STUDENT:  That's true.

 BROTHER TURNER:  But what father does not want a son named after him?  Not many, to say the least, and that was the pattern of that day.  And so it looks like it was the custom that when the child was circumcised they named him on that day.  And it looks like the women of the village had a part in coming up with the name.  And they were going to call him Zecharias, Jr., right?

STUDENT:  Right.

BROTHER TURNER:  "And it came to pass, that on the eighth day."  And why the eighth day? STUDENT:  Abraham.  That's the covenant.

BROTHER TURNER:  That is the covenant of circumcision given back there to Abraham, as recorded in the seventeenth chapter of the book of Genesis.  And Abraham was ninety‑nine years old, was he not?

STUDENT:  Right.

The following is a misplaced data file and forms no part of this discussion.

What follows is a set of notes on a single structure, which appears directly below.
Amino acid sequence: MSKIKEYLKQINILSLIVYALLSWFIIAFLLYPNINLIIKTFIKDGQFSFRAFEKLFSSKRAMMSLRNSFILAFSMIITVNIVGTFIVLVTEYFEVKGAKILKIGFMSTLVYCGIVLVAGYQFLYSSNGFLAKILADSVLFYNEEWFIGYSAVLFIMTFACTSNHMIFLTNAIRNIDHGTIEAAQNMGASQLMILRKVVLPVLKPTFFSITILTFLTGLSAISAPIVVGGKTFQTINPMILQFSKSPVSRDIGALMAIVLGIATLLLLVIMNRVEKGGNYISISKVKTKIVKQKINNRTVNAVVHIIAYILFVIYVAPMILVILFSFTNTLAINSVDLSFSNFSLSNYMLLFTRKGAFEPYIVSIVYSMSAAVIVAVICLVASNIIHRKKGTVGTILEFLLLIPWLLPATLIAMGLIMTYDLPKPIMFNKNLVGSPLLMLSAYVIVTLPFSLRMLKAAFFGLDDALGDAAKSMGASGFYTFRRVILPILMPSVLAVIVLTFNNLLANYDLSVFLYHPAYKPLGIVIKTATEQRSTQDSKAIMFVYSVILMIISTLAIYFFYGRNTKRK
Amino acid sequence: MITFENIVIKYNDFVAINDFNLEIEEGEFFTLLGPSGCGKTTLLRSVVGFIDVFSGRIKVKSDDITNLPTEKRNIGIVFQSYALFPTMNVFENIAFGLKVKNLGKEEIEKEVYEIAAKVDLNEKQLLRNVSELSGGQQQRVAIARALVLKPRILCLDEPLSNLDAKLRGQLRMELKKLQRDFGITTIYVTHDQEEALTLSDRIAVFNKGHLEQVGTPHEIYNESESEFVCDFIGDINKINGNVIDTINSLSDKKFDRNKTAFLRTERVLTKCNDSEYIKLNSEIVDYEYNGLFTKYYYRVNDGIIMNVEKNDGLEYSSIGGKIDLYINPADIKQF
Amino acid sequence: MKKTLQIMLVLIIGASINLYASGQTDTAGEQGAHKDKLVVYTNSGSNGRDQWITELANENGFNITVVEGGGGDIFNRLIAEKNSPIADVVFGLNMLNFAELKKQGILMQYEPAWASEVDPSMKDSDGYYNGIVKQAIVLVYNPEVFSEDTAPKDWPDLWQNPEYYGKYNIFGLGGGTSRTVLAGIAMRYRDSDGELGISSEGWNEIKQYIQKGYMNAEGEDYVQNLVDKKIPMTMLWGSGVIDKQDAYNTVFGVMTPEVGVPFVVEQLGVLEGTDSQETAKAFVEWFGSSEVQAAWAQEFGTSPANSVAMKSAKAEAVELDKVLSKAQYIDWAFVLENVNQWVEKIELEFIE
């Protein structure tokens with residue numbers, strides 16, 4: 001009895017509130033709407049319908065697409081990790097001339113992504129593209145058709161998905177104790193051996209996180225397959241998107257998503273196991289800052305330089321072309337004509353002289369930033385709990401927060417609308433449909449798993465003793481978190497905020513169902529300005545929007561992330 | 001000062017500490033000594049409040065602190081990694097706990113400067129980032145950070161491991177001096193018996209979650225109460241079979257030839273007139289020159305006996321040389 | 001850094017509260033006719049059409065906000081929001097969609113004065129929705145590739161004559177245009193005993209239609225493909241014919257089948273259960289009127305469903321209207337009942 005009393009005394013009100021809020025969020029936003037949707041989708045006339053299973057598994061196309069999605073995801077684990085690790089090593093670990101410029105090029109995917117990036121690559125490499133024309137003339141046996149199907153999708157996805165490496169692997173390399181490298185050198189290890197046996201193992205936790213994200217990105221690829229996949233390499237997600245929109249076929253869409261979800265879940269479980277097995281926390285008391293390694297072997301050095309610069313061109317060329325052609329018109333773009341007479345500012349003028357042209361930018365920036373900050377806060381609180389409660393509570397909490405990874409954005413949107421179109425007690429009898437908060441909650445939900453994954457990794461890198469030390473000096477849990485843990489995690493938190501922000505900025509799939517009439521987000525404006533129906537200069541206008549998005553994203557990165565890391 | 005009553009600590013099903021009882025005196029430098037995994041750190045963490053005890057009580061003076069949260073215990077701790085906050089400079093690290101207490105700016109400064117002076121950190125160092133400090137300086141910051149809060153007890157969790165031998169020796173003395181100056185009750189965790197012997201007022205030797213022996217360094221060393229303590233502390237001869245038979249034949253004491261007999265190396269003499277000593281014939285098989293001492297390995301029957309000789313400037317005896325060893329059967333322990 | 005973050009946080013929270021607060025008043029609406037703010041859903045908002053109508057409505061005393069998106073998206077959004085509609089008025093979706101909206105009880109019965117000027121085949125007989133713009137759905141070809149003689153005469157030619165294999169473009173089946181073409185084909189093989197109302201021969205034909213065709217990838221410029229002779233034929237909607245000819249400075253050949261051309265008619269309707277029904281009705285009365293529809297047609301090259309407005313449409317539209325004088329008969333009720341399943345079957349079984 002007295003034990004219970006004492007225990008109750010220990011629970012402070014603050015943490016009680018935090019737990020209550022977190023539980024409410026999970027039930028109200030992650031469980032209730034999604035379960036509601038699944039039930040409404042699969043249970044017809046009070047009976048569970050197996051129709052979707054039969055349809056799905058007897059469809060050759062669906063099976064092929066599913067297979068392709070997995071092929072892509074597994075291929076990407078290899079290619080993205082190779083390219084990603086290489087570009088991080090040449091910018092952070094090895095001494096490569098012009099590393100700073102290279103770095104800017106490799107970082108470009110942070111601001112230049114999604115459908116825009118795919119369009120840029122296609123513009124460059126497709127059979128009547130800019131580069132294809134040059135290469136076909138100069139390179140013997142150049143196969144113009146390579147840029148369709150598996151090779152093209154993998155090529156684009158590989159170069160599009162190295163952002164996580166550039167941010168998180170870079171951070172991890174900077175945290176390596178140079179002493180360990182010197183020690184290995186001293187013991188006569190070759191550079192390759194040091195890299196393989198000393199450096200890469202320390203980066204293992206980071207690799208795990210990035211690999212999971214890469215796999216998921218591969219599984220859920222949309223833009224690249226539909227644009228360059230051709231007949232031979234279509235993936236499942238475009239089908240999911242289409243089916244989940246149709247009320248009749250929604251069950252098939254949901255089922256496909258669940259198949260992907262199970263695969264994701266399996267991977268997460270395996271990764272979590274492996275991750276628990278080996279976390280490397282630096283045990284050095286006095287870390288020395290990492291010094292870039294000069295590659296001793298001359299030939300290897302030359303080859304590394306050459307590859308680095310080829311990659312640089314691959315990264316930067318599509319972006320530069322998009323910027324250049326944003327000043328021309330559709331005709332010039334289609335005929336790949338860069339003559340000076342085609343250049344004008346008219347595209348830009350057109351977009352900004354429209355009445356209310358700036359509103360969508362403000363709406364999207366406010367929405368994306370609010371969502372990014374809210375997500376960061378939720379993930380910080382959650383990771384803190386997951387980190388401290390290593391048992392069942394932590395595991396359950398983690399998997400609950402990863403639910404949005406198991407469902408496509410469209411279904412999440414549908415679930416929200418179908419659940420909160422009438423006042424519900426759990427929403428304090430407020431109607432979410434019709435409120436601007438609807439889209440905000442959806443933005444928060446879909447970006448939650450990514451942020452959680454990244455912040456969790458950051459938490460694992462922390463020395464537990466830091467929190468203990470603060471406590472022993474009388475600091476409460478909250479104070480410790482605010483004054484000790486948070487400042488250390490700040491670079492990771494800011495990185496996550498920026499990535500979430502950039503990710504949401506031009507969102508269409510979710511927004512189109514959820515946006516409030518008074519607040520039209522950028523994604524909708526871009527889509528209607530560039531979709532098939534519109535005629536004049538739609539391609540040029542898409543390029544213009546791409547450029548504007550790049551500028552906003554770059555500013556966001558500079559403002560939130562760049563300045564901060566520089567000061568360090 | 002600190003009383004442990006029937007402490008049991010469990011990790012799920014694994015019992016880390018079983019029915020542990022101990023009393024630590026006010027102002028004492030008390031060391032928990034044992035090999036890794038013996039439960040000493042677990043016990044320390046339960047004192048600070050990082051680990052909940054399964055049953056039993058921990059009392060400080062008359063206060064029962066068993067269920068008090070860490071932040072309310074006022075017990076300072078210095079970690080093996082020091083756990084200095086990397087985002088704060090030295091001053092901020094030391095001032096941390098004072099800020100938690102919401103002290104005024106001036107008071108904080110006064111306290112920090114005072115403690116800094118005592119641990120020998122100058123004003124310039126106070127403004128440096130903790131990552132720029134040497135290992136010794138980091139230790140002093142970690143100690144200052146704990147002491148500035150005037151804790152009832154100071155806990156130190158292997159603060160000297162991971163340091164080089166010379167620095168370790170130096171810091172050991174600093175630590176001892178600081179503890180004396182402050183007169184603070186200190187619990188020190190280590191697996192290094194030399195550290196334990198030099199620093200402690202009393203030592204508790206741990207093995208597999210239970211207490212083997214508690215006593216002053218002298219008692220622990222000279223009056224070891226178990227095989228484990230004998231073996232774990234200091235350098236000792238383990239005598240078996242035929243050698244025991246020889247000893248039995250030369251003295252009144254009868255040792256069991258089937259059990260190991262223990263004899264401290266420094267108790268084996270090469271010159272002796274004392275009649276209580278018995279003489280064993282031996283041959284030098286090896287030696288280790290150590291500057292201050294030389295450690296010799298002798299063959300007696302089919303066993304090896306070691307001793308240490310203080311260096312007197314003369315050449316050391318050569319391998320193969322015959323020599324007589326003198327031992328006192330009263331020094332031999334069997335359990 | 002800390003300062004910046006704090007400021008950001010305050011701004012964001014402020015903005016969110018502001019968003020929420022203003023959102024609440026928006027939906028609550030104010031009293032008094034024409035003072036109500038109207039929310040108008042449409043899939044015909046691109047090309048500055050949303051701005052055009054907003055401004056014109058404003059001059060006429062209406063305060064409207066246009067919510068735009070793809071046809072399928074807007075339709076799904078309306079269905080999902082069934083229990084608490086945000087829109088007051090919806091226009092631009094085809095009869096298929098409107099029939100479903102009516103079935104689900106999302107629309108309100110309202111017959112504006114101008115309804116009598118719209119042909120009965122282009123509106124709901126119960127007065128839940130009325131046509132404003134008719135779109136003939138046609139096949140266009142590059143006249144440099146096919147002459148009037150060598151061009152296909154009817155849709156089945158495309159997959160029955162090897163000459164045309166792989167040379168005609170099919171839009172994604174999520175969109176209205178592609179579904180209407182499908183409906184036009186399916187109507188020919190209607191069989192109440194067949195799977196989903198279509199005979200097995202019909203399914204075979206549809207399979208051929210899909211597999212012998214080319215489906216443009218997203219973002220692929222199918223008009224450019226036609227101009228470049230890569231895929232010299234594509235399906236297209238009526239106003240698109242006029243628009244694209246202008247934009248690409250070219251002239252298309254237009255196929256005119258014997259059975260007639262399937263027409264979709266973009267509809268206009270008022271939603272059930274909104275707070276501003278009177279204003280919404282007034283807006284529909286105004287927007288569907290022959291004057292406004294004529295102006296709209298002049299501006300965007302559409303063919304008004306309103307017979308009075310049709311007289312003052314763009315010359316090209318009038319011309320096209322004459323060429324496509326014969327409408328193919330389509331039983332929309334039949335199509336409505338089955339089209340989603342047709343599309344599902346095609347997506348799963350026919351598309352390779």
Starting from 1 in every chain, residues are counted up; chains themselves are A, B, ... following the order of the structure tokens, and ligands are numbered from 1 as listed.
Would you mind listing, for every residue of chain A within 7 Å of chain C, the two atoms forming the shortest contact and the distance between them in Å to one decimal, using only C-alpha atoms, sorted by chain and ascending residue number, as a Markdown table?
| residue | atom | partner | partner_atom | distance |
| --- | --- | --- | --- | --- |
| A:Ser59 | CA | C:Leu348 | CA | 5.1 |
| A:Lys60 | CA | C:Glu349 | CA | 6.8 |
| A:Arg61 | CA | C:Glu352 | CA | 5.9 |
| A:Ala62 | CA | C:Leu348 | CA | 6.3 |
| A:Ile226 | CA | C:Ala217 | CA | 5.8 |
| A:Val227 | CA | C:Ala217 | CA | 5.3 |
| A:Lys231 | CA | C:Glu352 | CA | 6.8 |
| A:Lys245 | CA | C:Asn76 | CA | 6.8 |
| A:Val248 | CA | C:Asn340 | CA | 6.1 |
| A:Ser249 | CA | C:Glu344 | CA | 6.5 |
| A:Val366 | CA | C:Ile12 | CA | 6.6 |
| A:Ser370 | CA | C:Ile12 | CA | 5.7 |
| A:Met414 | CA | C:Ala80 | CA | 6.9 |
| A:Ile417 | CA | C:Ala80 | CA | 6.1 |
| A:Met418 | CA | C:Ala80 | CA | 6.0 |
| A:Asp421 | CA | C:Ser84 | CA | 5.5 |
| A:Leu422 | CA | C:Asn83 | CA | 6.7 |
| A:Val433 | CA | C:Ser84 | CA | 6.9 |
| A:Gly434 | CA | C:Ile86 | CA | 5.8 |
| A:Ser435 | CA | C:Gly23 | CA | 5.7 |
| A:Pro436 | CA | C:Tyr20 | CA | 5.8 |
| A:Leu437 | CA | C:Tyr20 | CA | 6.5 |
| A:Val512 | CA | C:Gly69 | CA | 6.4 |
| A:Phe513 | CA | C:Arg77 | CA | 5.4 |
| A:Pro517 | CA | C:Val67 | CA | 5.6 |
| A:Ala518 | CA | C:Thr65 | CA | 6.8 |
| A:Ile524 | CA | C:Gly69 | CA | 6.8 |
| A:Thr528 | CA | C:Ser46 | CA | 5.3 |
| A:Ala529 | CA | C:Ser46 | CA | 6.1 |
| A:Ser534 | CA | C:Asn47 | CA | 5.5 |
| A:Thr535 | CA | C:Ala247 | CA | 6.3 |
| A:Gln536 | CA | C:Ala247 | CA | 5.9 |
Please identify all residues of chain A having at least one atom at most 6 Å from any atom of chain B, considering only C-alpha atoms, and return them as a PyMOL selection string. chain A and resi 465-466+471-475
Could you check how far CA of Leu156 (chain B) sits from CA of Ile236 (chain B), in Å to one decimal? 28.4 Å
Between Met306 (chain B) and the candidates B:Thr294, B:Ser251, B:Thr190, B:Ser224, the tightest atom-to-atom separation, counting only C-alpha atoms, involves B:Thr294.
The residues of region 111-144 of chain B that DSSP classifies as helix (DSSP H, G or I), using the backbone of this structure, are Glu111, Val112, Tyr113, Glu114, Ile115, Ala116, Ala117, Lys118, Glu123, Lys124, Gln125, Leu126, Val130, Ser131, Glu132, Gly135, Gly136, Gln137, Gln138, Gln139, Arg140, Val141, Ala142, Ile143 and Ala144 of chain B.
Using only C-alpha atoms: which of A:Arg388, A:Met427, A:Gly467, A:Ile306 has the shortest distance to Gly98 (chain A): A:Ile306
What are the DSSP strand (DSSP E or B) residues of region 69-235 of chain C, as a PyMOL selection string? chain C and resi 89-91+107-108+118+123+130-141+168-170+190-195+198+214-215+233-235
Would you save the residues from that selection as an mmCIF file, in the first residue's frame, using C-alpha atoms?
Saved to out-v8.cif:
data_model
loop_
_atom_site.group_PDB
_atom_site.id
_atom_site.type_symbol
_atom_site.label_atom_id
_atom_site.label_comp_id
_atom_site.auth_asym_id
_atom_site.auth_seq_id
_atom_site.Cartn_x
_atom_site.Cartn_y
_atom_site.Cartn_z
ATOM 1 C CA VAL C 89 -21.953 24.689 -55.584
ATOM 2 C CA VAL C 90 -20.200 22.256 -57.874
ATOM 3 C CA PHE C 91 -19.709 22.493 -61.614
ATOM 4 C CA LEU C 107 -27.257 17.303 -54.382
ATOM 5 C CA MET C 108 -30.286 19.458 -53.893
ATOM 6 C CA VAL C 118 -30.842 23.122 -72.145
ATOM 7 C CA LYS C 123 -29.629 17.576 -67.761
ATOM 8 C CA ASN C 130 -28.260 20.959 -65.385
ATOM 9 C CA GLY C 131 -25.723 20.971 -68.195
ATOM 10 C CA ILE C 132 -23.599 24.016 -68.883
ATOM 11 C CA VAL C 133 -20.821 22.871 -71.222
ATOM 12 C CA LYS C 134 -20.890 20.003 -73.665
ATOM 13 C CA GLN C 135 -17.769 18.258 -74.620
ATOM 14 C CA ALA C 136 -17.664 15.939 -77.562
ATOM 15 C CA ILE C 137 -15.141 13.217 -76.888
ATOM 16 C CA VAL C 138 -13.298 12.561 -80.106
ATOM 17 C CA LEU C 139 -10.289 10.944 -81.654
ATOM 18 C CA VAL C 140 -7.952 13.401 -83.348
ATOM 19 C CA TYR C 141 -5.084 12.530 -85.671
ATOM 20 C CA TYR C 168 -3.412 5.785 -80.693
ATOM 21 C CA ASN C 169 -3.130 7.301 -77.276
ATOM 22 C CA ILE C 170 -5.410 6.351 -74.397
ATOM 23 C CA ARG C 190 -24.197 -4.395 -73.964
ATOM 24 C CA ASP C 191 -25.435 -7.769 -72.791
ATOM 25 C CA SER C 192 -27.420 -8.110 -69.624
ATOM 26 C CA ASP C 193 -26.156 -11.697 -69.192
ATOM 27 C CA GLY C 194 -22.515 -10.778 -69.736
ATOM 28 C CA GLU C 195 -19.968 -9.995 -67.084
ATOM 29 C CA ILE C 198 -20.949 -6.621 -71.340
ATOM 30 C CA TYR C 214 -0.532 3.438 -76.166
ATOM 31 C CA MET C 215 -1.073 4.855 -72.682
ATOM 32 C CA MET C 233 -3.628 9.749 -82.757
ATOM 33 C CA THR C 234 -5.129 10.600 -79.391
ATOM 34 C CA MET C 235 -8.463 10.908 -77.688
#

BROTHER TURNER: And Ishmael was thirteen years old when that covenant of circumcision was given, but from then on, every Hebrew child was to be circumcised on the eighth day and all of those slaves born in Abraham's house were to be circumcised when they were eight days old.  Now, let us take time to turn back and read a little bit in Genesis chapter seventeen.  Notice verse one of Genesis seventeen, "And when Abram was ninety years old and nine, Jehovah appeared to Abraham, and Abram said unto him."  Verse nine, "And God said unto Abraham, as for thee thou shalt keep my covenant, thou, and thy seed after thee.  This is my covenant, which ye shall keep, between me and you and thy seed after thee; Every male among you shall be circumcised.  And ye shall be the circumcised in the flesh  of your foreskin.  And it shall be a token of the covenant betwixt me and you.  And he that is eight days old shall be circumcised among you, every male throughout your generations, he that is born in thy house."  And remember that when Abraham moved, it was like a small town or village moving.  There were three hundred and eighteen trained soldiers that had been born in his house (Genesis 14:14).  So really there were a lot of people included in Abraham's house. "Or bought with money, of any foreigner, that is not of thy seed."  And they told him that his wife Sarah was going to have a child.  Verse twenty‑two, "And he left off talking with him, and God went up from Abraham.  And Abraham took Ishmael his son, and all that were born in his house, and all that were bought with his money, every male among the men of Abraham's house; and circumcised the flesh of their foreskin in the self‑same day."  That was circumcising a lot of men.  "As God had said unto him.  And Abraham was ninety years old and nine."  Ninety‑nine years old,  "And when he was circumcised in the flesh of his foreskin, and Ishmael his son was thirteen years old when he was circumcised in the flesh of his foreskin.  In the self‑same day was Abraham circumcised, and Ishmael his son.  And all the men of his house, those born in his house, and those bought with money of a foreigner, were circumcised with him."  So Abraham was a man of real faith, and that kind of faith caused him to do just  exactly as God had instructed him to do.  And he did it, and he did not put it off.